improving fundamentals. After months of sideways trading, vaccine news allowed
spreads to break through previous resistance levels, even falling below the 100
bps level in Europe. The IG market is supported by central banks for the time
being, and in Europe this is likely to persist into 2021. In the US, the IG bond
market is already standing on its own two feet, with the Fed only using a
fraction of its firepower. When it became apparent that the Fed will not continue
with corporate bond purchases in 2021, markets reacted calmly: corporates will
of course still receive indirect support from the Fed’s purchases in the
bonds have also broken through resistance levels and the yield on the US HY segment
hit an all-time low of 4.56% this month. With flows strong, default levels remaining
contained and the potential for some spread compression (predominantly between
BBB and BB), we are taking a selective approach to this asset class. The HY
buffet has a wide variety of companies—some are decent, whereas others are a
no-go area. Careful selection is key, especially with Moody’s forecasting that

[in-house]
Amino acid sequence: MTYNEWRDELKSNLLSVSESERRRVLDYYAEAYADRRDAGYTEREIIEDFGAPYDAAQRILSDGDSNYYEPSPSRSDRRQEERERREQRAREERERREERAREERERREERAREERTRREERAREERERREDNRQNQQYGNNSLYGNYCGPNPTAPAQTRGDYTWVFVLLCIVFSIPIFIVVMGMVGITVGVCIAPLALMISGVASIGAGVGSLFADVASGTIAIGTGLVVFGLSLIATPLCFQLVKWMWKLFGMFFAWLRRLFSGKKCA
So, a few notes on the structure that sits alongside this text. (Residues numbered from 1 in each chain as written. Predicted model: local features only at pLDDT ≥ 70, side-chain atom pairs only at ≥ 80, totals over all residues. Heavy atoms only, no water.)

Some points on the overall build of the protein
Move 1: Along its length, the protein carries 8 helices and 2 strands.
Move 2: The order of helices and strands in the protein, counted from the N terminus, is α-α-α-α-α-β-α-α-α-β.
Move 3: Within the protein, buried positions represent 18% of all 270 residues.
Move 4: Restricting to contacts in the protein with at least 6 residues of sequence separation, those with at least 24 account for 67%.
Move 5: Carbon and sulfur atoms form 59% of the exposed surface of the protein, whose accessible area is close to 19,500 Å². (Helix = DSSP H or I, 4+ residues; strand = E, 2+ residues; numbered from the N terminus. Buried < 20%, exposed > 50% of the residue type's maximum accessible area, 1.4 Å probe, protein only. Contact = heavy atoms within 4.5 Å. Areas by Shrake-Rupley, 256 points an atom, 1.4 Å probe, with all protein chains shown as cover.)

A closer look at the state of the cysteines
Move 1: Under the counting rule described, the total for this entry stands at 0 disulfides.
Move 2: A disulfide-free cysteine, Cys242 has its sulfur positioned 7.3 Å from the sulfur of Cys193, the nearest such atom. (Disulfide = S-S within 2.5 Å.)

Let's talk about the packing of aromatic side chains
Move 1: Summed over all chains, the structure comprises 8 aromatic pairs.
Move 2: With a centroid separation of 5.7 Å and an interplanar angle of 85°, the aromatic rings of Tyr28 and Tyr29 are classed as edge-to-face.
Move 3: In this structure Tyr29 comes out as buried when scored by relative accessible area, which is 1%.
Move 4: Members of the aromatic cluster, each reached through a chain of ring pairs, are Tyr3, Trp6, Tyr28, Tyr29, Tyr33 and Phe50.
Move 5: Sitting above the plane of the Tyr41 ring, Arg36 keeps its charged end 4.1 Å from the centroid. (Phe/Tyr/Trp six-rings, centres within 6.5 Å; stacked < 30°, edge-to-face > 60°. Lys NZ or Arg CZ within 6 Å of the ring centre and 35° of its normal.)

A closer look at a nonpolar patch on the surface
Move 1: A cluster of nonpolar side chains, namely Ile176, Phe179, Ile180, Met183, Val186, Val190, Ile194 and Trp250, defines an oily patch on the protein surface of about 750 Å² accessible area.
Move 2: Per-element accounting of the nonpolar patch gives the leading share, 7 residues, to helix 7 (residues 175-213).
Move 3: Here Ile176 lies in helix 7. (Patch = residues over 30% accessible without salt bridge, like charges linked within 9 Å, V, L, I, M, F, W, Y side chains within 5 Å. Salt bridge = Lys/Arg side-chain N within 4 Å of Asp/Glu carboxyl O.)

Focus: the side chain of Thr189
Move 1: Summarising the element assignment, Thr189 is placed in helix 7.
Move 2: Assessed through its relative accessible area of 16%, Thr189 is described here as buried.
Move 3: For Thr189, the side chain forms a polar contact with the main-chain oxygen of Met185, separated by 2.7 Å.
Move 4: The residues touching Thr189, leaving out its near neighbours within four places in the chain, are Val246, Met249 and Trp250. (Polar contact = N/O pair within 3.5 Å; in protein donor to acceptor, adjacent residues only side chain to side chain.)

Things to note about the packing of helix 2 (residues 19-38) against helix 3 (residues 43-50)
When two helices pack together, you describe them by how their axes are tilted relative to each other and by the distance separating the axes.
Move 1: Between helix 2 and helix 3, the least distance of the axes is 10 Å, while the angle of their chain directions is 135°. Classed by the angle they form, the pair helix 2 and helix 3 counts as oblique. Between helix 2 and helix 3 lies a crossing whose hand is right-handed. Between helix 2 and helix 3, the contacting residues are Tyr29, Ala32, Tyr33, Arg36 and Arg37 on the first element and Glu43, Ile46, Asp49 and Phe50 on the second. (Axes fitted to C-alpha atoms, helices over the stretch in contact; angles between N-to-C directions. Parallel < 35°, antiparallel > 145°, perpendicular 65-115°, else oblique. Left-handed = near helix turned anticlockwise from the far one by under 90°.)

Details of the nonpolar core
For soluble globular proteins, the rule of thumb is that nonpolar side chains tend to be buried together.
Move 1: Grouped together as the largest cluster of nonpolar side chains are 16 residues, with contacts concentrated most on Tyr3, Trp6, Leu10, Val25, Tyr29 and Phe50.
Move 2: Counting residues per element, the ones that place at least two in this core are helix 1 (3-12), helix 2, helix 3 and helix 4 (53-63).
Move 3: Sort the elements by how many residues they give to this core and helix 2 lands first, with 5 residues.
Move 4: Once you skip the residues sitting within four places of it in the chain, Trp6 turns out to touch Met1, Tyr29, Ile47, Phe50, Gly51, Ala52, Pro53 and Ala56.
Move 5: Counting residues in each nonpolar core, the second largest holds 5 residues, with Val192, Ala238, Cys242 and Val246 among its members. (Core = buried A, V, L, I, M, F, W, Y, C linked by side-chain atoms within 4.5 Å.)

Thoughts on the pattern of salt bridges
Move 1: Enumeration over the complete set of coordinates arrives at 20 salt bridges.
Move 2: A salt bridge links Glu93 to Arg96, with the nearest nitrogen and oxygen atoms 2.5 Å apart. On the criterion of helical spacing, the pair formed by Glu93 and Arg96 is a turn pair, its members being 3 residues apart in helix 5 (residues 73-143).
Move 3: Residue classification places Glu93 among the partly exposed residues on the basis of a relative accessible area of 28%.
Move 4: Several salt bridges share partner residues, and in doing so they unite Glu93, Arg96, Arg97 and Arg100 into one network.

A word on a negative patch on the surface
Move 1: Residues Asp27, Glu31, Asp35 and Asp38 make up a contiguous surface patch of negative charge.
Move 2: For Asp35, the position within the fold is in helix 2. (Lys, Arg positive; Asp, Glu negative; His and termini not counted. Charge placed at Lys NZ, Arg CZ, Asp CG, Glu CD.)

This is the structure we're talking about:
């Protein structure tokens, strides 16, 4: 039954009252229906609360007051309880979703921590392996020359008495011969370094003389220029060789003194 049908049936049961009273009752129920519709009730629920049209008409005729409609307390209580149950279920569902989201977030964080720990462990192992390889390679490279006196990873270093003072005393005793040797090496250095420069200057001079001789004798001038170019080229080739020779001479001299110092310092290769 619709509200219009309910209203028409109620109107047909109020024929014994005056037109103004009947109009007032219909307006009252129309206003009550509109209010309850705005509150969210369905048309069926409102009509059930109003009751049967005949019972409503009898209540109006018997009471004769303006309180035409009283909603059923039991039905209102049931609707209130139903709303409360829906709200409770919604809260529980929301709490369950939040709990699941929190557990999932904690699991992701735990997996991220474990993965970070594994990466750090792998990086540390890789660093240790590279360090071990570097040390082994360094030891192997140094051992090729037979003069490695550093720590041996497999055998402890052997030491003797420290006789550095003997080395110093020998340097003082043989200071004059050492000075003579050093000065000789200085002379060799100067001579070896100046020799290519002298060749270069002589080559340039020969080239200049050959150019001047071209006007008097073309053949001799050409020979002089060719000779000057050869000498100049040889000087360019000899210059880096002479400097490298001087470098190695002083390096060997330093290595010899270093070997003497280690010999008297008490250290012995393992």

defaults will not peak until March.
to favour emerging market corporate bonds over emerging market sovereigns due
to their volatility profile and shorter duration characteristics.
are positive on equities. On the heels of the Q3 earnings season, which was
much better than analysts had feared in both the US and Europe, analyst
revisions for earnings growth over the next 12 months have been turning
positivein all regions except Japan. We still prefer the US (home of
quality growth names and stay-at-home beneficiaries) and China (due to strong
The scenario of interest rates remaining lower for
longer still favours the quality/growth style, and this remains our preference.
However, as we witnessed in November, relief rallies often come hand-in-hand
with short-lived but violent style rotations. While we do not believe that the